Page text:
How to Tackle Crabgrass and Nutsedge


How to Tackle Crabgrass and Nutsedge

Posted by Green Acres Nursery & Supply
Categories: Blog, Crabgrass, Nutsedge, Weed Prevention, Weeds

It’s Time to Get Ahead of Crabgrass and Nutsedge in the Sacramento Area



We’ve had many questions about how to treat—okay, annihilate—crabgrass and nutsedge that’s popping up all over right now. We have a few tried-and-true solutions for you. 

More About Crabgrass
Crabgrass is pretty familiar to most of us. It comes in a few forms. The main thing to know is that crabgrass is an annual weed. That means that it will pop up in the summer, set seed, and die within the year. The seeds are then ready for another round next summer. 

Can’t identify your weeds? Bring a sample into one of our locations and we’ll identify them for you. 

Weed Beater Plus Crabgrass.png

Two-Step Process for Treating Crabgrass
Because the weed is a summer annual, that can be in a few stages of its lifecylce now, there are two ways to treat. First, kill the existing weeds, and second, prevent the seeds, that are set, from germinating. Ideally, you would pull the weeds by hand before they set seed. And while that’s a great practice, you may be a little behind and need some help. 

  • To kill the existing weeds, we recommend Bonide® Weed Beater Plus® Crabgrass. It’s a broadleaf weed killer that targets a number of weeds—over 200 to be sort of exact—and kills them to the root.  ROP_Crabgrass_Preventer.jpg
  • Now you’re left with seeds. Seeds have time to germinate now, and others will germinate as soon as spring soil temperatures hit around 50°F.  The seedlings will continue to grow into fall. Don’t be fooled though… Crabgrass seeds can maintain their viability for three years. That means that you should treat now and again in spring by applying a preemergent, and continue the practice each year. Our favorite is Bonide Crabgrass & Weed Preventer. It’s easy to use and works in flower beds too.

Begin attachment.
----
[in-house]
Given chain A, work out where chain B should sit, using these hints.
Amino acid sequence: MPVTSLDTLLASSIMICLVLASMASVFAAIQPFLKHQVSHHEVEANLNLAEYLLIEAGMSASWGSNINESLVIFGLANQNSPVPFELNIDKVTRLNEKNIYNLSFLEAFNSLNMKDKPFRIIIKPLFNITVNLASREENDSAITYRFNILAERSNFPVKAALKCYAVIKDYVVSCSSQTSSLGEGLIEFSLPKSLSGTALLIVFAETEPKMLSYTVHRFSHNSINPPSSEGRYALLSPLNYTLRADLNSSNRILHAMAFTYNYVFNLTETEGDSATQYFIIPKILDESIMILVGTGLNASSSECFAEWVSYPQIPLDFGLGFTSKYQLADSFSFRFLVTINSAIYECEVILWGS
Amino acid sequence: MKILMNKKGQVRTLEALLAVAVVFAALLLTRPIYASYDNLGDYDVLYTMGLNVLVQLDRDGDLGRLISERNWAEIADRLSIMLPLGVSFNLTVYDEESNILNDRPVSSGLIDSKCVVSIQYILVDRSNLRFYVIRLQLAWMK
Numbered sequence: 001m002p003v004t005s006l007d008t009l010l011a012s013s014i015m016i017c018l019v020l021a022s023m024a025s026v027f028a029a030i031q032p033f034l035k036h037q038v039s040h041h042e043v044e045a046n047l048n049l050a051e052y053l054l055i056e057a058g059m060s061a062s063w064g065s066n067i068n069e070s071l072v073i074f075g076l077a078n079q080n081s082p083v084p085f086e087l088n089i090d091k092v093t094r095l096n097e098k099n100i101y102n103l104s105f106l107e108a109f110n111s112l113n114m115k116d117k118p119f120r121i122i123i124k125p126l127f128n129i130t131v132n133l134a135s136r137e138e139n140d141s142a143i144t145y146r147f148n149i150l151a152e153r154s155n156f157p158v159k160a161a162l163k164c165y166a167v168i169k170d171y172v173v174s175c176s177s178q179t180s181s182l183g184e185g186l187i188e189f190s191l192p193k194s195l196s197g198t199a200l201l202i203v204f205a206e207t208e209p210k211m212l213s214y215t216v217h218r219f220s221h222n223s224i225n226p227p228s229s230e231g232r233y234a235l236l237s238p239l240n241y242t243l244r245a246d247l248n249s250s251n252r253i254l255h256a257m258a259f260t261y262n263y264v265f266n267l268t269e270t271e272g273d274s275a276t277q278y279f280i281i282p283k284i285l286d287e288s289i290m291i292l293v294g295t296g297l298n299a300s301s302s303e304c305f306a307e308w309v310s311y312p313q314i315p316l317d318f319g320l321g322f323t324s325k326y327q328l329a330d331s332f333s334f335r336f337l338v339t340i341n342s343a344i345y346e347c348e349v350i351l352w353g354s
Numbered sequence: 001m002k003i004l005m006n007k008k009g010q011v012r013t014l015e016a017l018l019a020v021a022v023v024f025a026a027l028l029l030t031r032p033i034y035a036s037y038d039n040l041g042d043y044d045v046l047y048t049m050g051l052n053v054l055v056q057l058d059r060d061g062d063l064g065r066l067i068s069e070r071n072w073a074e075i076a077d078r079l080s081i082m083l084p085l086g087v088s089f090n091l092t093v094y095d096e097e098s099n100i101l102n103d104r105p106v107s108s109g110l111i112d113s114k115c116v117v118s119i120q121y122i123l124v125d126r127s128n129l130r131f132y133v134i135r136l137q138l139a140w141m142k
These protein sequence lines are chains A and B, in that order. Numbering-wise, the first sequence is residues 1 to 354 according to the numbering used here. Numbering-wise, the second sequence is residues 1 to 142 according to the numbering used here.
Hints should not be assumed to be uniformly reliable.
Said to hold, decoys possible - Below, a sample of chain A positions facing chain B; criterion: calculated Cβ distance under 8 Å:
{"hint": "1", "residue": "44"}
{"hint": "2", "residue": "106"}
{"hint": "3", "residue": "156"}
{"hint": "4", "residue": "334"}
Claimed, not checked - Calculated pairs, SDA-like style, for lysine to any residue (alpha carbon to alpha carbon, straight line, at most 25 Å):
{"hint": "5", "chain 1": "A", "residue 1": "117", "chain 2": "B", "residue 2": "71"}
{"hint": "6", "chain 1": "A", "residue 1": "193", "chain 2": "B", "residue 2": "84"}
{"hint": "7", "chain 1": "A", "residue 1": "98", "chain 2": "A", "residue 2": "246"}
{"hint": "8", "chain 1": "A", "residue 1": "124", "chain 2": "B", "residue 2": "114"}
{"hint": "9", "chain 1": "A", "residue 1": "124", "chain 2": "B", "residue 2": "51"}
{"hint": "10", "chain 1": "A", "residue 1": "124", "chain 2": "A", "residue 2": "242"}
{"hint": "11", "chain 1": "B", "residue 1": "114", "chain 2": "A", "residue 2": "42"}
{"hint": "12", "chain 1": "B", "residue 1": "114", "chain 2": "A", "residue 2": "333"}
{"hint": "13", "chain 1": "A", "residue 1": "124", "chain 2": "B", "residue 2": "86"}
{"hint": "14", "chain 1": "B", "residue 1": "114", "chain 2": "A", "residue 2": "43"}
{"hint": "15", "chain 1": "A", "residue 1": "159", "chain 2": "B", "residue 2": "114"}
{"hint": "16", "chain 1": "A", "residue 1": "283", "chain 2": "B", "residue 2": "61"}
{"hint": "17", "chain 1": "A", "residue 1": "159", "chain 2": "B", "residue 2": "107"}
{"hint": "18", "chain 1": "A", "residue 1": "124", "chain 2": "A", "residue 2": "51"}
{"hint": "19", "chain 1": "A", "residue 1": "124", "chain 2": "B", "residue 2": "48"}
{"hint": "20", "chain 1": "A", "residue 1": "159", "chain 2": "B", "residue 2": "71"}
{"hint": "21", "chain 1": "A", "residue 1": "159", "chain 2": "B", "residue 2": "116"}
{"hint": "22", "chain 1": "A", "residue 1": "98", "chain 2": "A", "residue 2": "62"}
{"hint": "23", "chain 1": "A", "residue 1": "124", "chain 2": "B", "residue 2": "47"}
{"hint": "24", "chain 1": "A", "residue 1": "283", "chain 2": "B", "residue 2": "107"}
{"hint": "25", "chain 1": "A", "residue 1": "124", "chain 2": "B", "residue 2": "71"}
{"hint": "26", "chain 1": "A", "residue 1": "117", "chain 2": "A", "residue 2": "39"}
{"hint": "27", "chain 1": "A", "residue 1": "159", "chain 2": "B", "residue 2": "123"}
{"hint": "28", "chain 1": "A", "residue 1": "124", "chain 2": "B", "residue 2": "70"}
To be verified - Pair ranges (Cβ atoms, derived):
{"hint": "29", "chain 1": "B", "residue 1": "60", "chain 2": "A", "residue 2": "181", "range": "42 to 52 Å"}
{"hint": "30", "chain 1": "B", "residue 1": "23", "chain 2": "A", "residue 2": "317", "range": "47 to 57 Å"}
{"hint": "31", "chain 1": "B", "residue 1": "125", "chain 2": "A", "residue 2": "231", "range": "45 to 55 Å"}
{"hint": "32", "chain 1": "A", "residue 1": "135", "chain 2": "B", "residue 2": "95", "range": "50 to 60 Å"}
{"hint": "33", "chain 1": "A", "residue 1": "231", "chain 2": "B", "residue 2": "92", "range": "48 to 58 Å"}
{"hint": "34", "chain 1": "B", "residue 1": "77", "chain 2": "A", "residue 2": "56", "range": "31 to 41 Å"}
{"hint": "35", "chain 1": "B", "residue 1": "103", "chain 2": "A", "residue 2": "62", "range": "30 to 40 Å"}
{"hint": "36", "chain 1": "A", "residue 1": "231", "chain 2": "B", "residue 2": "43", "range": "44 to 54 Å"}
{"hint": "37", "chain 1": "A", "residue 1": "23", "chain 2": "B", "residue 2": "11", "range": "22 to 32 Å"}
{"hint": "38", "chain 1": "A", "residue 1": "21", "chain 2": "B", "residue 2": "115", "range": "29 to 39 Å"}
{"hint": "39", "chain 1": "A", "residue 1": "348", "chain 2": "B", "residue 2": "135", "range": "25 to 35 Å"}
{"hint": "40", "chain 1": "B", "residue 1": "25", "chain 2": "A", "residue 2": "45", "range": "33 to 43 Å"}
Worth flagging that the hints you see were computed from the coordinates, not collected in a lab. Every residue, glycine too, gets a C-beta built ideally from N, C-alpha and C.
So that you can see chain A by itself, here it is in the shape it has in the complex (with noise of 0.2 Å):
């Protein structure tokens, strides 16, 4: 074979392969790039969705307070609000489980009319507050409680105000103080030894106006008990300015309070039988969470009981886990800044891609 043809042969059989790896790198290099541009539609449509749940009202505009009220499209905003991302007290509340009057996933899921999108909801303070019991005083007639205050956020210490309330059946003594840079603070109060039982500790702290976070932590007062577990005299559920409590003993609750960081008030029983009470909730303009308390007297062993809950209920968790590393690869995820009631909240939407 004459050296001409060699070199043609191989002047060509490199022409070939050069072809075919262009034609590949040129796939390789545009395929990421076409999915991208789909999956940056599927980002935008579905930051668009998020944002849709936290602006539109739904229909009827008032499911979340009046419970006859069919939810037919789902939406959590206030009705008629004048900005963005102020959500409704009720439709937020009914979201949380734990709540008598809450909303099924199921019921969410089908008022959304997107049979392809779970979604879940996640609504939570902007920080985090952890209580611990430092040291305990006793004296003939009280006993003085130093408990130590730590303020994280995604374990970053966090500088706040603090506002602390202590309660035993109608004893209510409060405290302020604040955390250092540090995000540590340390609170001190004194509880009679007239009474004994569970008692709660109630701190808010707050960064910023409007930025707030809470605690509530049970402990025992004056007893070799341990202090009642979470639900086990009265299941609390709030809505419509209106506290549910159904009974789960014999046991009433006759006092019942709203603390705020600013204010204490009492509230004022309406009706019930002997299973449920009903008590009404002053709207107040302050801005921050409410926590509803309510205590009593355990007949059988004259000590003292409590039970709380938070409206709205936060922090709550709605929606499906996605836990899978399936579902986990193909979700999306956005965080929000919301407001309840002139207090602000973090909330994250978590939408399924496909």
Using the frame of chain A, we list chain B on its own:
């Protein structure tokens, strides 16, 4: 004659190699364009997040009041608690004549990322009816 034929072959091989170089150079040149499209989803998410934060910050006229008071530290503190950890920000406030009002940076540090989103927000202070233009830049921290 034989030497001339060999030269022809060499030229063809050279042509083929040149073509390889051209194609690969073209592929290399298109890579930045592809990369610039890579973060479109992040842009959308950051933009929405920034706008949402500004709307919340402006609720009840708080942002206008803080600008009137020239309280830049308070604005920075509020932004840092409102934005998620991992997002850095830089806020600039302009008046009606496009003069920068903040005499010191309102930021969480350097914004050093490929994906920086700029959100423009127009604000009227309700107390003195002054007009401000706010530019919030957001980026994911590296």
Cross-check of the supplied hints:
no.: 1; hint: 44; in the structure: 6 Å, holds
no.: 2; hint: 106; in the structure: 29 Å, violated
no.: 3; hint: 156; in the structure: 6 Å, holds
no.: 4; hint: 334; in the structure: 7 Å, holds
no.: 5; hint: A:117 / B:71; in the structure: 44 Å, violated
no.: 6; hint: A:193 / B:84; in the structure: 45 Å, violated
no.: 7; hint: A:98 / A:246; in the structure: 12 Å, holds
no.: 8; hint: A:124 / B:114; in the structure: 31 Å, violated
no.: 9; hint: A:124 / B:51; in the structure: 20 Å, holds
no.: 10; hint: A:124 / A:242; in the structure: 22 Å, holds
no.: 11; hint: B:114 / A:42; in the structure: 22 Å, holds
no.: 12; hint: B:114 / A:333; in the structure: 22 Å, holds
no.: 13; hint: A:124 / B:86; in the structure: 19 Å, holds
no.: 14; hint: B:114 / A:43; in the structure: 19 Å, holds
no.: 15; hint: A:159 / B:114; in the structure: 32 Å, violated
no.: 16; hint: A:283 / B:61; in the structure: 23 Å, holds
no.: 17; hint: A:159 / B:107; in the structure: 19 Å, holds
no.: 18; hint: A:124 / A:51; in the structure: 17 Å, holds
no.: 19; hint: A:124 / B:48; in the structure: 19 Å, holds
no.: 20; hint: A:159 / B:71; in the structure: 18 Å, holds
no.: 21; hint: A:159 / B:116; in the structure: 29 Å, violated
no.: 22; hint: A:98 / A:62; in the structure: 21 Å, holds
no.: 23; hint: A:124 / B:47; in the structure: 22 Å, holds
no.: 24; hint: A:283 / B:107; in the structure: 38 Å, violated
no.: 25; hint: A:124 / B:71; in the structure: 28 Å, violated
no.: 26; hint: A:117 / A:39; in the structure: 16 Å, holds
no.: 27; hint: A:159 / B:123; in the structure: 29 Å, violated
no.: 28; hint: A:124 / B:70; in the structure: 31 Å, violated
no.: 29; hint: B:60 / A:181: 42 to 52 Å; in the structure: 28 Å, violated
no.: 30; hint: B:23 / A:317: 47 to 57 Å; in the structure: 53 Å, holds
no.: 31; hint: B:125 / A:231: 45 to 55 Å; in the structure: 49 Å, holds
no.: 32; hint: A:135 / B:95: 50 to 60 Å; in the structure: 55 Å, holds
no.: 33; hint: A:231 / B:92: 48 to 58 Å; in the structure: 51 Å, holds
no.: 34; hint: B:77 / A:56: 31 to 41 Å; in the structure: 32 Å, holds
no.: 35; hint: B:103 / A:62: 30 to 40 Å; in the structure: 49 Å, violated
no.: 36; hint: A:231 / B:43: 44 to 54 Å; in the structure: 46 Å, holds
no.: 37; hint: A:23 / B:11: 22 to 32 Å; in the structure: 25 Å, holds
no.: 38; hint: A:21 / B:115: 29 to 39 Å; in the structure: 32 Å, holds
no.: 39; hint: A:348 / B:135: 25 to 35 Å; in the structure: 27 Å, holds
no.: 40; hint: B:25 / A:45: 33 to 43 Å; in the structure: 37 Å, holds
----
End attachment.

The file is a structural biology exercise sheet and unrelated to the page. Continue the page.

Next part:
More About Nutsedge
Nutsedge is a perennial weed that spreads by rhizomes (underground stems) from tuber. So, once the leaves die back, the plant continues to grow under the soil. Then when spring soil temperatures are around 45°F, the plant will begin to pop up again. There are things you can do to mitigate the growth of nutsedge, and we have a product to help you.US-Ortho-Nutsedge-Killer-For-Lawns-Ready-to-spray-9901910-Main-Lrg.png

  • Avoid soggy soil, and adding contaminated soil to your landscape.
  • Pull the plants as soon as you see them, getting the entire tuber and any rhizomes attached. That might require digging at least a foot into the soil.
  • Consider adding a layer of thick, woven landscape fabric under your mulch. 
  • And one of our recommendations for herbicidal control is Ortho® Nutsedge Killer.  You can connect it to the hose and spray without having to mix anything.  

As with the use of any chemical control, read the label. There will be good information about safety and the recommended conditions for application (including temperature) to avoid problems. 

By understanding a little more about weeds, it’s easier to control and treat them. In fact, you might be ahead of it next year!

Stop by any of our locations to get your weeds diagnosed and our recommendations for treatment.